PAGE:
Now, think of it like this: I too – and you – are also in that great multitude. And so,  you see, it means that we too can live today from within that Heavenly Perspective that our ‘future selves’ will know. Part of bringing the Kingdom into today, part of our eternal life in the here-and-now, is surely to bring that Heavenly Perspective into our lives, and the lives of others we meet, today. Jesus said that “the Kingdom of Heaven is at hand” (Mt 3:2). This meant that wherever Jesus was, so there the Kingdom was. He was bringing forward, into the lives of the people around Him, the glories and benefits of the Kingdom of Heaven. And because Jesus lives in us by His Spirit, that same Kingdom is here with us right now, in our everyday lives. All we really need to do is to realise this!

Now, we know that one day we will be singing with that great crowd, in the full knowledge of God’s huge creative and redemptive genius throughout history, where we will see that even those things that bother us now were but a part of that huge tapestry of interconnected events that all worked out in the end. We will in fact have that Heavenly Perspective. We too will see how it all worked; how that great Plan happened and how it all came together.

And so, because we will see that perspective then, why not pre-empt that and live in that knowledge now? We know even now that, one day, we will know in completeness what everything was all about (1Cor 13:12) like those in that great crowd, why not today join with our ‘future selves’ in their knowledge that it’s all great, and actually just fine and dandy. You can imagine our ‘future selves’ thinking wryly (because there will be no regret in Heaven!) “Oh if only I’d had that perspective back then!” But we can indeed have that perspective right now!

I hope this makes sense; it is a bit metaphysical, and I know as well as the next guy that it’s hard to maintain a ‘Heavenly Perspective’ when life is burning us and we are still in the flames of whatever troubles we are going through. Believe me, I have been through the fire these past three years; I have walked the walk, and the talk I am talking is based on what I have learned over that time.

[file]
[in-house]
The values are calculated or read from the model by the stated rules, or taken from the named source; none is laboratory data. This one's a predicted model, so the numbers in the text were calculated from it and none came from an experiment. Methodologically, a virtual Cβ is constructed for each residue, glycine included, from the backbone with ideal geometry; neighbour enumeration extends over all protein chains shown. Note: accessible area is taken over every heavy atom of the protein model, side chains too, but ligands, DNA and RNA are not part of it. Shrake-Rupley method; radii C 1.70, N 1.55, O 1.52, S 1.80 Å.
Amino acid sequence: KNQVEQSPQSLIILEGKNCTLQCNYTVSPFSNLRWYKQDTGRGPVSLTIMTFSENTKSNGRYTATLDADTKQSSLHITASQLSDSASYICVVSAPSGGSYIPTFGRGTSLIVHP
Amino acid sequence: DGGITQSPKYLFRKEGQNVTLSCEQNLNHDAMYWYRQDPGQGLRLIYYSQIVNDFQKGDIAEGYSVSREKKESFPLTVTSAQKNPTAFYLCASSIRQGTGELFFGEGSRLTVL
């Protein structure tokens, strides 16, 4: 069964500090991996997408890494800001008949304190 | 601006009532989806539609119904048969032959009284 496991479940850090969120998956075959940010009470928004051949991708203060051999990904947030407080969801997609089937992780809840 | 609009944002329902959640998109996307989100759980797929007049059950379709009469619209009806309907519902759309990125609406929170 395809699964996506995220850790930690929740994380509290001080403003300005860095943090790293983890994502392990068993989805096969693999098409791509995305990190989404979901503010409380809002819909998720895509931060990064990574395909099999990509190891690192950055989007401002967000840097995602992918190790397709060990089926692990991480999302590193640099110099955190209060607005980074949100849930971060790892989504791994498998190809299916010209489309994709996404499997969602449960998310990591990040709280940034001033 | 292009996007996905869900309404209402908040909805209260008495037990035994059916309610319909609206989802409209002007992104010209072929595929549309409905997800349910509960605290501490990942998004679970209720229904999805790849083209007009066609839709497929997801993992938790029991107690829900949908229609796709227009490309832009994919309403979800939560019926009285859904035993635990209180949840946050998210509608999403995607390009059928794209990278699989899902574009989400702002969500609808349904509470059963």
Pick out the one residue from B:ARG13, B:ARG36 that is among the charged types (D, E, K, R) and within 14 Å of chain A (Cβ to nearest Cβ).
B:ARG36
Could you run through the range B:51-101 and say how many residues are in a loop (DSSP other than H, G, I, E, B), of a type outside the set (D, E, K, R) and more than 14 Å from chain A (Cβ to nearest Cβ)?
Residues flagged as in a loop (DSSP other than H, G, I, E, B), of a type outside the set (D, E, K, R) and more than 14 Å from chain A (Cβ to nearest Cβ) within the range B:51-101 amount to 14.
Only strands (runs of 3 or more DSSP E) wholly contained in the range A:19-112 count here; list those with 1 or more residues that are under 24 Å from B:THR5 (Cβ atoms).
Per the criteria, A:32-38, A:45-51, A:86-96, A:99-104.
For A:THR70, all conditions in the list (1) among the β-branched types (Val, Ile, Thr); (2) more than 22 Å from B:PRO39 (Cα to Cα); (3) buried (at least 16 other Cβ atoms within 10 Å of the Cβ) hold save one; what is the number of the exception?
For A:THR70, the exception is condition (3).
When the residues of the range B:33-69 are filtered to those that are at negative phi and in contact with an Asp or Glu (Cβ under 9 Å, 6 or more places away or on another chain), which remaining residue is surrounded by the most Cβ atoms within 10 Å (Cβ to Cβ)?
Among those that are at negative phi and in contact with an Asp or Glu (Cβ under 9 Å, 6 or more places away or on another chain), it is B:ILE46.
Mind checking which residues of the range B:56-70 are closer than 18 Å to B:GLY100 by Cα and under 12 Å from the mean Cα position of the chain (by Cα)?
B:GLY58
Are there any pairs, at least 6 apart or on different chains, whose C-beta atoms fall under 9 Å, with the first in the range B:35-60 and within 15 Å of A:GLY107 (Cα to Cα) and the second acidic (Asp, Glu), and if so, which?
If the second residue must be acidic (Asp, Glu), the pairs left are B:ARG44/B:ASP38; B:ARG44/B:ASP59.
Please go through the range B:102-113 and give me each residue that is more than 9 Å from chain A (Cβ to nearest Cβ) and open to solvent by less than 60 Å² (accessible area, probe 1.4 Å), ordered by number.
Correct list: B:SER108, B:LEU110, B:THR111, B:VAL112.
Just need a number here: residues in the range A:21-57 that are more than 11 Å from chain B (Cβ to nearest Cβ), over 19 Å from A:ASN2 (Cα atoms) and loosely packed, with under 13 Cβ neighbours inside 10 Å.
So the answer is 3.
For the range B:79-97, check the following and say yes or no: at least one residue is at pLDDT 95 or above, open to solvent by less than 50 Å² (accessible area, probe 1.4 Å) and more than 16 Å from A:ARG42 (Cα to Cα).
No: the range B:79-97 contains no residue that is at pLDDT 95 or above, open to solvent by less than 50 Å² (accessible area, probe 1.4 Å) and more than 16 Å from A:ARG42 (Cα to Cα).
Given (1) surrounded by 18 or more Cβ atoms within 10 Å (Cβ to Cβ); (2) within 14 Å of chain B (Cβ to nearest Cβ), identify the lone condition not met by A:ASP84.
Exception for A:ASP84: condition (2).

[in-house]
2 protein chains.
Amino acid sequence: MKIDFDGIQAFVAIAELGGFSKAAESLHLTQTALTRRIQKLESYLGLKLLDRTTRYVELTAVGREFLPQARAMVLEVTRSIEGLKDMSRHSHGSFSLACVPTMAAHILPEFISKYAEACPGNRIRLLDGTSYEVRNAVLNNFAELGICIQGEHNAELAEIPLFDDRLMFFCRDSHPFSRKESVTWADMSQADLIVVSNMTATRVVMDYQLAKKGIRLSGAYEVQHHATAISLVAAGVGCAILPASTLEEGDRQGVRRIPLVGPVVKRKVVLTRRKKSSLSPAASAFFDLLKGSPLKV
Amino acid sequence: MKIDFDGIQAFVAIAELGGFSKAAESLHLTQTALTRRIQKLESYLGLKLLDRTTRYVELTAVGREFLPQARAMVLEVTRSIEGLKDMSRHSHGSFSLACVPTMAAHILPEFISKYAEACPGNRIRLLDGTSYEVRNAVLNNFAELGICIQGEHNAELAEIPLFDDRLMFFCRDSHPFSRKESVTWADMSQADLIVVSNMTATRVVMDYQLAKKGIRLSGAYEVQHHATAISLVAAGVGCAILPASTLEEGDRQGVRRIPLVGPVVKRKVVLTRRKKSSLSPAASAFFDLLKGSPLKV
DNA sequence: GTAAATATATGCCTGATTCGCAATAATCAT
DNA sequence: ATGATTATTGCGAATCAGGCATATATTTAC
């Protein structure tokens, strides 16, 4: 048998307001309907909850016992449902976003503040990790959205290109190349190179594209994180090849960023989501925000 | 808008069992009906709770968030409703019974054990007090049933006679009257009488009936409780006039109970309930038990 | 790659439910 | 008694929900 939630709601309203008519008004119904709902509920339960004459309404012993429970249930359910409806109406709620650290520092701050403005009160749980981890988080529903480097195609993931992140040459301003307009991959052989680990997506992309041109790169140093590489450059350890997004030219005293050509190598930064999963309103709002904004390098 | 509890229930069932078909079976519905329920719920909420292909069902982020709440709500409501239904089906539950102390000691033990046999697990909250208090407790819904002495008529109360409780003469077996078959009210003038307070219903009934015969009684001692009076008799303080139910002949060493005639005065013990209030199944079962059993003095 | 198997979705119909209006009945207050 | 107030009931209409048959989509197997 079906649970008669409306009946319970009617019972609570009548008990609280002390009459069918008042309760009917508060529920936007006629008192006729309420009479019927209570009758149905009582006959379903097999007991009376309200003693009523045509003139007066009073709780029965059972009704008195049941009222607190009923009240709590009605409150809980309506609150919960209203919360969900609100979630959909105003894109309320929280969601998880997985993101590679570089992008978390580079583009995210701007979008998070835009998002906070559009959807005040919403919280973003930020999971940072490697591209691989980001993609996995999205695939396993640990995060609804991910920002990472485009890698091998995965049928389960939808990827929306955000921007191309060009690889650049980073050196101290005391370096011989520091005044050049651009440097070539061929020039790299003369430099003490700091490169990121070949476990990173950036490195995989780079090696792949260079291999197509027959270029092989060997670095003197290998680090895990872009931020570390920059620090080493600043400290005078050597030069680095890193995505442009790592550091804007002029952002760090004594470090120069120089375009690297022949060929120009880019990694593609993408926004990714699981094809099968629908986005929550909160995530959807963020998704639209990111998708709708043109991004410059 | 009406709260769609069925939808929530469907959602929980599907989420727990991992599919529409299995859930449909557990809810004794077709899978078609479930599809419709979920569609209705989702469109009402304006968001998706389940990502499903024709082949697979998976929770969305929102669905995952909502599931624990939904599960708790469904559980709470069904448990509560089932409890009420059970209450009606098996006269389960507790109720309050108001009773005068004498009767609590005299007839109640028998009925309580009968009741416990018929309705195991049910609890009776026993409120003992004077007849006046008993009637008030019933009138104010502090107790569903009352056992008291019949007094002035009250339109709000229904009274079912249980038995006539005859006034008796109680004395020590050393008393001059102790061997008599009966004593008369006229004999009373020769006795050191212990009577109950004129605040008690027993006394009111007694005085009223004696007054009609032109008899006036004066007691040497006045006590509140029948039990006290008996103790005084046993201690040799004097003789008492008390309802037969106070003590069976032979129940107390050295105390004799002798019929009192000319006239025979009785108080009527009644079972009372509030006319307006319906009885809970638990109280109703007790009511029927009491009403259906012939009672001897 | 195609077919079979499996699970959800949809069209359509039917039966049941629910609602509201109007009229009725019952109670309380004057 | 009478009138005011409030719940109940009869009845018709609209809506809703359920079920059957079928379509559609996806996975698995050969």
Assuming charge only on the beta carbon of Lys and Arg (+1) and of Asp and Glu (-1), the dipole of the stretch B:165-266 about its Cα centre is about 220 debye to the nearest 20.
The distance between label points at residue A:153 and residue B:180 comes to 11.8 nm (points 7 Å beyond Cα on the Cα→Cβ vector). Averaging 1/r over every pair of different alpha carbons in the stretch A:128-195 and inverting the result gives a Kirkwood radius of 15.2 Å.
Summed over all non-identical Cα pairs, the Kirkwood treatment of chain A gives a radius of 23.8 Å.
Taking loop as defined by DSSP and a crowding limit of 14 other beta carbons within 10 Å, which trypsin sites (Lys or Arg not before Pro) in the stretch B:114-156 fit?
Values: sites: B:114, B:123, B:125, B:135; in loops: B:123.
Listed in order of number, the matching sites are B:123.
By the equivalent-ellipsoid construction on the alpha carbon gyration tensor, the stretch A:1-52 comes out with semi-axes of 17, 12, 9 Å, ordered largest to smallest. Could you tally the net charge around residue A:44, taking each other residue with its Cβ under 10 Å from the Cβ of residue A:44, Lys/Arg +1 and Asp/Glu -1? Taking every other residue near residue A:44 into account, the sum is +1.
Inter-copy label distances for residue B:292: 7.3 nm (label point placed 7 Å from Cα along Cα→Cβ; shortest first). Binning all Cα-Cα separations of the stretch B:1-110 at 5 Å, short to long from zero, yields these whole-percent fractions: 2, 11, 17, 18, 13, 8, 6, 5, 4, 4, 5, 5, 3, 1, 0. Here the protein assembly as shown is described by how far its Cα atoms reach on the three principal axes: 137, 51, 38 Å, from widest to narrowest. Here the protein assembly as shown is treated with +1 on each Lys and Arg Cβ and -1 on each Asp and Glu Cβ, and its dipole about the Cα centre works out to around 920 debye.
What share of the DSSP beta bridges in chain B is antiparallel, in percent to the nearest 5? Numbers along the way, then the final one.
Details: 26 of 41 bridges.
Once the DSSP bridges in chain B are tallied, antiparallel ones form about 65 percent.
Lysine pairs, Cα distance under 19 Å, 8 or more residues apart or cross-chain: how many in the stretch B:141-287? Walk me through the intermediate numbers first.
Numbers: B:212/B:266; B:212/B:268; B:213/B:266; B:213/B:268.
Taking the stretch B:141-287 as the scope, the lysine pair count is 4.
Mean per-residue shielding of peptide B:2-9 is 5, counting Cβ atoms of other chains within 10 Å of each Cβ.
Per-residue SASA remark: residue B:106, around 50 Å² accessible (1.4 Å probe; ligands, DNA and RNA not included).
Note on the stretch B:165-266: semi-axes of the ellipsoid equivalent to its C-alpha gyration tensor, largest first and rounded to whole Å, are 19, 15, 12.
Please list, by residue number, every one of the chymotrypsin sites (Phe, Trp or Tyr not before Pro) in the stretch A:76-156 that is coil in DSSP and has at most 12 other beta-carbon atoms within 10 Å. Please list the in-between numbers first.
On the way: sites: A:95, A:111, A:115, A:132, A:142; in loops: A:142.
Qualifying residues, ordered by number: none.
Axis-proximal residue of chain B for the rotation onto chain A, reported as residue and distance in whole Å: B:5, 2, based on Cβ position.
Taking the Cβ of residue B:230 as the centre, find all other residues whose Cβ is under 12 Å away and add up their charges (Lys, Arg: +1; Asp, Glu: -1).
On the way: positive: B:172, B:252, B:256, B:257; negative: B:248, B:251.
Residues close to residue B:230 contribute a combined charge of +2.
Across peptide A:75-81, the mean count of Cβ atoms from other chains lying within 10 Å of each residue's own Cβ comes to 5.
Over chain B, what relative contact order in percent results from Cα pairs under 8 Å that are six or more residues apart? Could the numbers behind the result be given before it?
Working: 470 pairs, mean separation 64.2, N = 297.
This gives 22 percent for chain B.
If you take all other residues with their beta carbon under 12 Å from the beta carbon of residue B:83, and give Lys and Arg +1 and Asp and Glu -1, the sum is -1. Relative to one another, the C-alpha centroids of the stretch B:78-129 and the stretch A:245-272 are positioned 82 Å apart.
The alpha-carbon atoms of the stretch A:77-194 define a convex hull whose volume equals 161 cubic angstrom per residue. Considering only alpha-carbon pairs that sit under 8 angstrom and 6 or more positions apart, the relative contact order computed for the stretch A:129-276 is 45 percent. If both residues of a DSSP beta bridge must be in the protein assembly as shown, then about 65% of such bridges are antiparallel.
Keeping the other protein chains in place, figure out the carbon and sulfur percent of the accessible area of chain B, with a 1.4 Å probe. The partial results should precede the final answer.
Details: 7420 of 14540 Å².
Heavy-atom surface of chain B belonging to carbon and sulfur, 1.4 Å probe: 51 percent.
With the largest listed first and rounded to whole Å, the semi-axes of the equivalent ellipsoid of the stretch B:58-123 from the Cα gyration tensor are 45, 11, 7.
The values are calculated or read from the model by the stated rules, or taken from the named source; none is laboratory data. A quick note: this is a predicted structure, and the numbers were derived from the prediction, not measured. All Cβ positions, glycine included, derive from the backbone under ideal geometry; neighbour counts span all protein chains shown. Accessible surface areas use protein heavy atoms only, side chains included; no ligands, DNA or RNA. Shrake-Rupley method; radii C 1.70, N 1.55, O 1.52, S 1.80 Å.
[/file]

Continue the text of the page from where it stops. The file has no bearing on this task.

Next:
But, you know, the Scripture speaks of ‘Treasure in jars of clay’ (2 Cor 4:7) – something immeasurably valuable in ordinary human bodies. It speaks of us having the Holy Spirit in our hearts as a deposit, a downpayment if you like, to guarantee the things that are to come (2Cor 1:22, Eph 1:14). This is what powers the Life in the Spirit.

What does this life look like? Well, I have written a piece on this here, but I will summarise by saying that there is joy, there is healing, there is power, there is love, there is freedom from bondage, freedom from religious Rules, freedom from the power of sin, freedom from addiciton, freedom from the fear of death; there is the overriding sense of God’s Presence that gives this immense ‘peace that passes understanding’ (Phil 4:7) – a peace that is beyond understanding because it cannot be explained in terms of worldly circumstances. And beyond all that, there is this:

“Jesus said to her, “I am the resurrection and the life. Whoever believes in me will live, even though they die. Everyone who lives and believes in me will never die. Do you believe this?” ” (John 11:25-26)